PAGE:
What Is a Trade?
Most people nowadays misunderstand the expression ‘’stock trading’’. Trading does not mean exchanging in its literal sense. Instead, it refers to selling and purchasing in the world of financial markets. Today’s financial markets are able to pull off exchanges that are worth even a billion in a day. It remains a mystery to many how such a system sustains itself and still operates without a single flaw.
Whether it’s an order of 100,000 MegaCorp shares or just a 100 shares of Acme Kumquats, markets have to perform them with the same level of efficiency.
There are many ways of approaching stock trading, but you don’t need to know all the details in order to purchase/sell stocks. Only some of the key aspects are worth paying attention to.
The Key Methods
Exchanges can be done either through an exchange floor or virtually (in an electronic manner). Despite the fact that there is a huge emphasis on transforming the whole platform into a virtual one, some people still object to the idea. Some markets like operating on a trading floor (in person) while others (such as NASDAQ) employ electronic methods of business. We’ll provide you with a brief breakdown of how each of these methods performs and looks like.
Trading In Person (On The Floor)
We’ll use New York Stock Exchange to exemplify this method. Usually, what you picture when you think about in-person stock exchange is pure chaos. People are rushing everywhere, they’re constantly monitoring info on the monitors and terminals, yelling inconsistently, and always talking on the phone. It takes up to three days for a trade to settle, before another starts.
It’s understandable that more complex trades involve more people and procedures. This is why we will describe how a simple trade would take place in 4 steps.
- The first thing would be to inform your broker about buying shares (For example, 100 Acme Kumquat shares).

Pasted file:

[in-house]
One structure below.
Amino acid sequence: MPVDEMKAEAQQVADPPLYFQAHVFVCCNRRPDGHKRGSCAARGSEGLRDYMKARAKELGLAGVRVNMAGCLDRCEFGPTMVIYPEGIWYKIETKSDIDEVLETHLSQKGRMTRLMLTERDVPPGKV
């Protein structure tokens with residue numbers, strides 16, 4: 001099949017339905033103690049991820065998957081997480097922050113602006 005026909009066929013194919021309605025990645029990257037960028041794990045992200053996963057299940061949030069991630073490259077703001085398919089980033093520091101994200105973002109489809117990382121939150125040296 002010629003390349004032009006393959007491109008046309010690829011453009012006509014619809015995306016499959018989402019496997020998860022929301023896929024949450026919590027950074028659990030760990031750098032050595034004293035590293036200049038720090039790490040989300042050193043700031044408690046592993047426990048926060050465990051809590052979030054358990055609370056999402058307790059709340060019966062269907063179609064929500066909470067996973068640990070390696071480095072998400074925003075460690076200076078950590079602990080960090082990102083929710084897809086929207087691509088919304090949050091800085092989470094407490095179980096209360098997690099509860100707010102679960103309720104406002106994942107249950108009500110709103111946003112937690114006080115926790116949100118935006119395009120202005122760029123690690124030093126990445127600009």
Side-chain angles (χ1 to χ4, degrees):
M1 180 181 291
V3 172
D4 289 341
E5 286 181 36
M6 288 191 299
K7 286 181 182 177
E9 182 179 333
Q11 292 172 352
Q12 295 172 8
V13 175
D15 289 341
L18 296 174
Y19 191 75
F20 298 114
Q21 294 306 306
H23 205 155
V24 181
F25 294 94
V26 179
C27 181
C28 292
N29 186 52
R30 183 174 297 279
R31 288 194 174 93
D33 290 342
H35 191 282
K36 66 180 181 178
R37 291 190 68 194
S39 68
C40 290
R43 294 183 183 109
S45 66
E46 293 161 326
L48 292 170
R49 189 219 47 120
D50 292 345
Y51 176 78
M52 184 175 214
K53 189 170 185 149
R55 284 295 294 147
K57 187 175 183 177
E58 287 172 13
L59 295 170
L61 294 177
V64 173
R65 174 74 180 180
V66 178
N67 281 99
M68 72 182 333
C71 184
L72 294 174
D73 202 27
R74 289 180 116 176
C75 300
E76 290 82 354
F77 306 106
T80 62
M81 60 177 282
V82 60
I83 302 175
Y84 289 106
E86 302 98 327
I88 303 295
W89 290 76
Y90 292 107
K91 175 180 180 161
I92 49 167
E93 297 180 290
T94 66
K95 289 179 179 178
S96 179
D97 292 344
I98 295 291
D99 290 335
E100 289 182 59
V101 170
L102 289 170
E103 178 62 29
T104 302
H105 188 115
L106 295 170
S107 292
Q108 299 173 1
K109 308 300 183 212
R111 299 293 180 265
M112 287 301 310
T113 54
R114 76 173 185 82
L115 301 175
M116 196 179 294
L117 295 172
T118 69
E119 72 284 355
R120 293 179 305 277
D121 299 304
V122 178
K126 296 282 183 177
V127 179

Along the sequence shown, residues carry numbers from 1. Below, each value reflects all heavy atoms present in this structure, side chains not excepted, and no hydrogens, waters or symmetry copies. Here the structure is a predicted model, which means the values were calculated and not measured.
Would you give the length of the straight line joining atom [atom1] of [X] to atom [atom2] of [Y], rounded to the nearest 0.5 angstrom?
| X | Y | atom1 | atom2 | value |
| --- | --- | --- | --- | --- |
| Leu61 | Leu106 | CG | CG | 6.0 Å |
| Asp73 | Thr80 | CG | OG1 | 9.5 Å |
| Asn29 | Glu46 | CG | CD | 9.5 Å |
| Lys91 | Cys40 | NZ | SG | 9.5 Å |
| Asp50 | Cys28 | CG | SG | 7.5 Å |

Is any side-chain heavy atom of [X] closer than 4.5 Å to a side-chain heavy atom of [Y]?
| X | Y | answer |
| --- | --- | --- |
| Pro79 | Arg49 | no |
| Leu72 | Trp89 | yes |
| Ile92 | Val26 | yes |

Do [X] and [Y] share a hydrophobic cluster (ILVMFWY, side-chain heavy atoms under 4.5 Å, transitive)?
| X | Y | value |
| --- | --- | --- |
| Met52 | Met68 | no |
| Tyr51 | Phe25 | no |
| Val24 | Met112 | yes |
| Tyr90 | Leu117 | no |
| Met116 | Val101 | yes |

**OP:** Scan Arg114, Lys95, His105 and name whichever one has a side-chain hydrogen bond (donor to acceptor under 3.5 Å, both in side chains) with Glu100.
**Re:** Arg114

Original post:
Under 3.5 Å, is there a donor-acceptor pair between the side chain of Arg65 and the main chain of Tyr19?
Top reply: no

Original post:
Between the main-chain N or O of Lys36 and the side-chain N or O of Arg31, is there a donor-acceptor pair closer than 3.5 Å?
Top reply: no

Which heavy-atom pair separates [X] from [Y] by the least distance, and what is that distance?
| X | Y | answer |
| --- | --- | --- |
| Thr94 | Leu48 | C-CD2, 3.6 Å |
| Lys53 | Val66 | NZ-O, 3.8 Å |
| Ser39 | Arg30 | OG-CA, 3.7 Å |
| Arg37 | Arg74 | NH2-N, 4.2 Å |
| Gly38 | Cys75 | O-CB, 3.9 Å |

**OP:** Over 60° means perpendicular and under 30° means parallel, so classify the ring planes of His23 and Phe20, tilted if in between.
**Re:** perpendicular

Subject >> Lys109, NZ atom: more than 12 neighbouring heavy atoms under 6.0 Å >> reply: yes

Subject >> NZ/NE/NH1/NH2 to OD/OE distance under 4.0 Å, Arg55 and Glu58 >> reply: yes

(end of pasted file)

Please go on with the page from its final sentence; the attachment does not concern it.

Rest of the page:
- Next, the broker sends your order along with an issue for an exchange.
- Having found another trader who is willing to sell 100 Acme Kumquat shares, the floor’s clerk informs both of you (a buyer and a seller).
- Finally, you two come to an agreement and strike a bargain. The only thing that is left for your broker to do is to confirm the final price. This usually lasts for a couple of minutes. However, the length of the process solely depends on the stock as well as the market. The very last step is you, receiving a final confirmation letter/e-mail.
Virtual (Electronic) Trades
As mentioned, each day trading resorts to doing business electronically bit by bit. The addition of an online trading system based on algorithms that handle exchanges has proven to be quite useful. Certain floor systems such as NYSE still provide equal service, which is a bit amusing considering that the majority uses an online variant.
However, if we compare this method to that of NYSE, we will see that it lacks the charm of NYSE’s interior. Although, it compensates for it by being fast and efficient, which is why it’s preferred by many. As a single investor, you get instant access to everything, but you still need a broker who will handle everything.
Some Additional Tips
If you’re considering investing and trading, it’s better that you inform yourself as best as you can. Be sure to pay close attention to how stock prices and stock quotes work. Also, stock orders, stock profit protection, and bid/offer systems play a huge role in all of this. Inform yourself well as there are plenty of investment scams all around the platform.